Arielle Charnas had a cold. Nothing too serious, really, but the symptoms were there: fever, sore throat and a headache. So the American lifestyle influencer known as “Something Navy” announced to her 1.3 million followers that she was going to get tested for coronavirus.
It was March 16, and the tally of COVID-19 infections and deaths outside China had just surpassed those inside China. Charnas shared the swab on her Instagram stories. At the time, the US was administering only about 14,000 tests a day. But Charnas got one, and she tagged the doctor in her posts. She then shared a Louis Vuitton ‘unboxing’ before revealing she had tested positive for COVID-19. Together with her husband and two young daughters, she fled New York for the Hamptons, bringing their nanny along too. It was the vintage rattan straw that broke the camel’s back. Her behaviour went viral: the New York Post called her a “Covidiot” for flaunting her privilege in obtaining a scarce test and for breaking quarantine to leave the city. On April 2, Charnas shared an impassioned apology and retreated from public view.
Within the influencer community, scandals like this are not isolated. According to one study, influencers have been responsible for producing or spreading one-fifth of all coronavirus misinformation. Naomi Davis (@taza, 460,000 followers) was criticised for leaving New York – the epicentre of the US epidemic – to drive across the country in an RV (“Hopefully a little change of apartment scenery will be just what we need,” the mother-of-five wrote). In Australia, Skye Wheatley (@skye.wheatley, 618,000 followers) promoted an Instagram competition with an image of her and her son, Forest, perched languidly in the empty toilet paper aisle at Coles. The backlash prompted critics to ask the same question: is this the end of the influencer? Given their apparent lack of self-awareness in the face of an international crisis, could this be the nail in the coffin for #sponcon, flat lays and outlandish outfit selfies forever?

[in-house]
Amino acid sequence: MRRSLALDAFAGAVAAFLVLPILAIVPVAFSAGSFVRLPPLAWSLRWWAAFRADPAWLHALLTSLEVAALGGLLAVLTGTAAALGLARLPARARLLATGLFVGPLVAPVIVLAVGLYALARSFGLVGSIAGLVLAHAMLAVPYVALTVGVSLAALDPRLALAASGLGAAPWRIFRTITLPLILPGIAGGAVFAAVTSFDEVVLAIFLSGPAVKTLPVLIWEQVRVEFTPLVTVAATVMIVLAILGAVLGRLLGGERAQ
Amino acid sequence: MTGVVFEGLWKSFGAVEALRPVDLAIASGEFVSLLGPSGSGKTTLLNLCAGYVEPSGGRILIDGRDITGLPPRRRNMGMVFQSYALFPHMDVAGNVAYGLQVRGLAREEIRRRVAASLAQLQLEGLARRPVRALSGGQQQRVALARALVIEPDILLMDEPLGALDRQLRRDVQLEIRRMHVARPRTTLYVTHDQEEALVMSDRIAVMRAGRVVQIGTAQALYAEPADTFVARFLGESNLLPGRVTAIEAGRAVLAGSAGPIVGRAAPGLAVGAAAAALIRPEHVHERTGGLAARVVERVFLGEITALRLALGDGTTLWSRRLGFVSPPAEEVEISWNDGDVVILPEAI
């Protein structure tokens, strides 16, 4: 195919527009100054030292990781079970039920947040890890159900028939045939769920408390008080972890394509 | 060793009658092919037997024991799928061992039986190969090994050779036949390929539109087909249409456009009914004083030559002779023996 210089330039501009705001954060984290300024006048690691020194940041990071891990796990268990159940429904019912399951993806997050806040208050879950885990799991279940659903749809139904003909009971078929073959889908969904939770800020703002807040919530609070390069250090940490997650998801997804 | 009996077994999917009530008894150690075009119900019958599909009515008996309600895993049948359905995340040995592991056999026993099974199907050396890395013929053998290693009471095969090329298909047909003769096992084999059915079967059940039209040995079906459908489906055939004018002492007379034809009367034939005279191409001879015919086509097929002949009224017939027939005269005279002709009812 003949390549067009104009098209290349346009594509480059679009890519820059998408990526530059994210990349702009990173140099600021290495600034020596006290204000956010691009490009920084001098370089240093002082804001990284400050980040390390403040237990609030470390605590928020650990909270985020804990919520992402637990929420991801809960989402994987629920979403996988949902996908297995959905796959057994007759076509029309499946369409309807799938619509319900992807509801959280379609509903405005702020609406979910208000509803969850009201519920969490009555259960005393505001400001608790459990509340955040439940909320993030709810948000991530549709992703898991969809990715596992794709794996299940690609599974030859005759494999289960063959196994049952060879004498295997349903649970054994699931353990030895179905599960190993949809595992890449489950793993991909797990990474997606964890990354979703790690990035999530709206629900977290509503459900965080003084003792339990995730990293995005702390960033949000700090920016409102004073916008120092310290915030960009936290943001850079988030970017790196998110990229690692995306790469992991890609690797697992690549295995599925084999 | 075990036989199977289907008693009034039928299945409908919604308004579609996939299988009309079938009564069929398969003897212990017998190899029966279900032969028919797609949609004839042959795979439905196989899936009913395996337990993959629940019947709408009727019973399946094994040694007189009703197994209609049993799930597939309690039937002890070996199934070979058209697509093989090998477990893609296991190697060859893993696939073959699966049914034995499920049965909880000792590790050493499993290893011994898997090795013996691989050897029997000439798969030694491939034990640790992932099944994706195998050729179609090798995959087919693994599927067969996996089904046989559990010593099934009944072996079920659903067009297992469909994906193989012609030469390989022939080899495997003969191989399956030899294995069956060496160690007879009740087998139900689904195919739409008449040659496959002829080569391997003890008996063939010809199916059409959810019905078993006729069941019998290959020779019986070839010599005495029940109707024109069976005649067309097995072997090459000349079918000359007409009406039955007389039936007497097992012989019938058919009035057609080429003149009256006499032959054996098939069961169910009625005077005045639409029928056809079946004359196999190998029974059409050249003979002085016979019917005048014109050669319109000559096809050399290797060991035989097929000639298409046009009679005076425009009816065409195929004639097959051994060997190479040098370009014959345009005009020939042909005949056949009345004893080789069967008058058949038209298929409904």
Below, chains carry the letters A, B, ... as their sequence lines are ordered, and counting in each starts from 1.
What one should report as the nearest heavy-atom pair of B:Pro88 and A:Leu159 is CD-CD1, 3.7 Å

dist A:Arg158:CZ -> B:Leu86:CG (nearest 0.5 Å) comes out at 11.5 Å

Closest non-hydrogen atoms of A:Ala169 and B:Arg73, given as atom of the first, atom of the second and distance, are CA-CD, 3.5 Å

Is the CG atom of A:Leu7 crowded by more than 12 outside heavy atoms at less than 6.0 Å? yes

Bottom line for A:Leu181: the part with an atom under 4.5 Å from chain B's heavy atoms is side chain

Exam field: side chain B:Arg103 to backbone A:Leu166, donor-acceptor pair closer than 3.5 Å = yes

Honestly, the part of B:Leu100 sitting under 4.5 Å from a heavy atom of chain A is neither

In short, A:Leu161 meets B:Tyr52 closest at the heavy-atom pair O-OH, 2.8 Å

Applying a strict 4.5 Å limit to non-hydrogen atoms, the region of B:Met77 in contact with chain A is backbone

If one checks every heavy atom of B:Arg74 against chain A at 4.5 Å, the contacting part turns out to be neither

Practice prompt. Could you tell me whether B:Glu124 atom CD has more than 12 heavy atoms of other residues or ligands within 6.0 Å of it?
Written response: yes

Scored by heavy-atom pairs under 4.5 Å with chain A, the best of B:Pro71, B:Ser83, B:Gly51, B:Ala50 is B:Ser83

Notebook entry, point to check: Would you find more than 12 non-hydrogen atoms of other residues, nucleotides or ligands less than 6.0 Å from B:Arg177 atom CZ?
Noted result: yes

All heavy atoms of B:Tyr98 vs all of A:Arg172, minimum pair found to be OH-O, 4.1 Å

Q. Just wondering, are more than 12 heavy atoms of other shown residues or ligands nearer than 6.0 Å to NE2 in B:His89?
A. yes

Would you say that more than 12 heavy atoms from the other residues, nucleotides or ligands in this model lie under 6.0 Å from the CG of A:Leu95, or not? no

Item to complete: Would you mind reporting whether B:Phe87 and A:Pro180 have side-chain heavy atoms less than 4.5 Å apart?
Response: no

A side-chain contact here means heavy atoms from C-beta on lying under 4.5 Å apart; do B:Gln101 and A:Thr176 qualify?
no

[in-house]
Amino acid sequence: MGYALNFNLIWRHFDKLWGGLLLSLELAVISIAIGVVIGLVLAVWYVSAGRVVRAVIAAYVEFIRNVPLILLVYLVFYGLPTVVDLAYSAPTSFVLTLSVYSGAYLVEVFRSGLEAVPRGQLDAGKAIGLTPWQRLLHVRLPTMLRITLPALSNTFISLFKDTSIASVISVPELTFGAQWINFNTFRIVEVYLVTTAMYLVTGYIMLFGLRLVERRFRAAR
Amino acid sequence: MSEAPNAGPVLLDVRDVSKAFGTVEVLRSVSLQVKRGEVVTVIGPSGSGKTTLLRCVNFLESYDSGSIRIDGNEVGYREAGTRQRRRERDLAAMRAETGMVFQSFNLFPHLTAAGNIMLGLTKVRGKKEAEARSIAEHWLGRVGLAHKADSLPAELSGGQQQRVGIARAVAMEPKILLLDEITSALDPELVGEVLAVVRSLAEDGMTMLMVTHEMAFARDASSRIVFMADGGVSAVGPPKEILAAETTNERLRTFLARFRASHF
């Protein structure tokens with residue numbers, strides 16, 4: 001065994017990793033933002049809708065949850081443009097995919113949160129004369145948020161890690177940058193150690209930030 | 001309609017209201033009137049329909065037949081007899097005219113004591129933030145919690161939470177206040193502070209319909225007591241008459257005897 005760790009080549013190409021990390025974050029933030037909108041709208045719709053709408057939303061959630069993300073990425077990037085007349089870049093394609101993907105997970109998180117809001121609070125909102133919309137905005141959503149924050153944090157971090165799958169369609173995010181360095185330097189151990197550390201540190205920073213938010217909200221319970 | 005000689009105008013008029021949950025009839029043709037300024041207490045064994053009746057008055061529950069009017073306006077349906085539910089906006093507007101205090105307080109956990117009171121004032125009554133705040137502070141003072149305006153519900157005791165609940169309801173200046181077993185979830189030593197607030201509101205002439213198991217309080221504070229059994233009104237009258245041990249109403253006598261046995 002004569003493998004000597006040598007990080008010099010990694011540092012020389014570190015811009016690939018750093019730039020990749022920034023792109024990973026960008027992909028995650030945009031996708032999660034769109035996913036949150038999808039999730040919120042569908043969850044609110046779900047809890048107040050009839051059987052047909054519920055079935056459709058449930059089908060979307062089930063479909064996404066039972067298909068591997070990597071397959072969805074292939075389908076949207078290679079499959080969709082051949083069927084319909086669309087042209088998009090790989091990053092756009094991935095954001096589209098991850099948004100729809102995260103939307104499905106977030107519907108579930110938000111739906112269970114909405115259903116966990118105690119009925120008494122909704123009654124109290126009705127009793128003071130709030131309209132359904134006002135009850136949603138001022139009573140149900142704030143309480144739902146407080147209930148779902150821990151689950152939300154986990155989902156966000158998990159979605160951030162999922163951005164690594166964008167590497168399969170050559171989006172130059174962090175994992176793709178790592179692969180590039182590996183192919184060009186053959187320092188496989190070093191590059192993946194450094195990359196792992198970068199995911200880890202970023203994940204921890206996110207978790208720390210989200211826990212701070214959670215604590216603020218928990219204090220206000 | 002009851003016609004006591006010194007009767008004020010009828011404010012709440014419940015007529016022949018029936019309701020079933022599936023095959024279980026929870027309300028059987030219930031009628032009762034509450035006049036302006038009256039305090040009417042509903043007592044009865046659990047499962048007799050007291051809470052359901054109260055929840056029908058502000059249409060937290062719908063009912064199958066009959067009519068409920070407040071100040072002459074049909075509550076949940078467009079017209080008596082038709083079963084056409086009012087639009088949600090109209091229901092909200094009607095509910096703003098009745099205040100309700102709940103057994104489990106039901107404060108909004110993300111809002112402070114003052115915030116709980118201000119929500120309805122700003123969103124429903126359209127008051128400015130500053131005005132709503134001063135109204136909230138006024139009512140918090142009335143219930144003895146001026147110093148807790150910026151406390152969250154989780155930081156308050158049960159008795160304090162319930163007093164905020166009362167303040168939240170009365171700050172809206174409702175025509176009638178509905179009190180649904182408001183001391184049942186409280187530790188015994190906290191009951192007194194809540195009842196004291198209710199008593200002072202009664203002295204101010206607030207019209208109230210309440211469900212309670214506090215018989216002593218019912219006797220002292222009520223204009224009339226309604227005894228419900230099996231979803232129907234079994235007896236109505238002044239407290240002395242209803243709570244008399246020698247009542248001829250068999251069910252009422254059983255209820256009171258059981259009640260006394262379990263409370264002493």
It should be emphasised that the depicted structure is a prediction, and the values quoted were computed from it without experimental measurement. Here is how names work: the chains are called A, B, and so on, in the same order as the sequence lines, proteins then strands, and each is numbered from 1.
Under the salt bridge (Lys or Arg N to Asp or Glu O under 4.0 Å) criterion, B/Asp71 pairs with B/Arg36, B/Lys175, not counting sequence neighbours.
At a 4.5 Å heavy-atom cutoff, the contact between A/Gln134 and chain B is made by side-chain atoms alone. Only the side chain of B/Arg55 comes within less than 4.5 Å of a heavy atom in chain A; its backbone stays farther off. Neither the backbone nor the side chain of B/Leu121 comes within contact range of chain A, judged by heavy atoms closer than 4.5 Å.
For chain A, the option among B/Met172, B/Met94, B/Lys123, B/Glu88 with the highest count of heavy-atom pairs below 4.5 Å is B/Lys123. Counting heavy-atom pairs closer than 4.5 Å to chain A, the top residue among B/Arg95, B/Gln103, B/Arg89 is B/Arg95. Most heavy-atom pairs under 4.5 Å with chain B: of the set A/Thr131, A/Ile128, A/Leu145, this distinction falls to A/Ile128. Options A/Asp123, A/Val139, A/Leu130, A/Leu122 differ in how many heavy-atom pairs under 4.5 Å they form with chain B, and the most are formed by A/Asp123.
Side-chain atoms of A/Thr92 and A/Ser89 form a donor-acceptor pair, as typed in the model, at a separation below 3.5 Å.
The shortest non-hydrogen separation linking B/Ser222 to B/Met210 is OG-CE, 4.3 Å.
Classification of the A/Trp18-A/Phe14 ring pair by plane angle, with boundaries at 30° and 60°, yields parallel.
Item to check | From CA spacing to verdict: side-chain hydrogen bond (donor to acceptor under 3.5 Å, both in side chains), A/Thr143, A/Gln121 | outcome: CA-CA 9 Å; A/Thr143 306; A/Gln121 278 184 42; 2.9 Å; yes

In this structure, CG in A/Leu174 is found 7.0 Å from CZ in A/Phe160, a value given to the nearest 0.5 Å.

It all comes down to this: the influencer economy, as parsed most lucratively through Instagram, is built on shifting product – whether it’s a Tom Ford handbag or a packet of Flat Tummy Tea. And it does a lot of that: in 2019, influencer marketing was an $11.7 billion business, with 79 per cent of those campaigns living on Instagram. More than 200 million accounts boast in excess of 50,000 followers, the number at which you can make a living from posting. According to one expert, influencers with up to a million followers can charge up to almost $15,000 a post; while those exceeding a million fans can rake in more than $145,000 every time they turn on their selfie camera.
In order to make that kind of money, influencers need to be constantly posting, feeding the algorithm like a Tamagotchi. Right now, though, as we grapple with the fact a deadly virus has killed more than 450,000 people worldwide, nobody really cares. Nobody wants to see an influencer photoshoot for a fast-fashion brand beamed against the backdrop of a Coachella-Esque sunset. (Coachella, sort of like the G20 for Instagrammers, was cancelled this year because of coronavirus.) A pandemic simply isn’t something we can live, laugh and love our way through.
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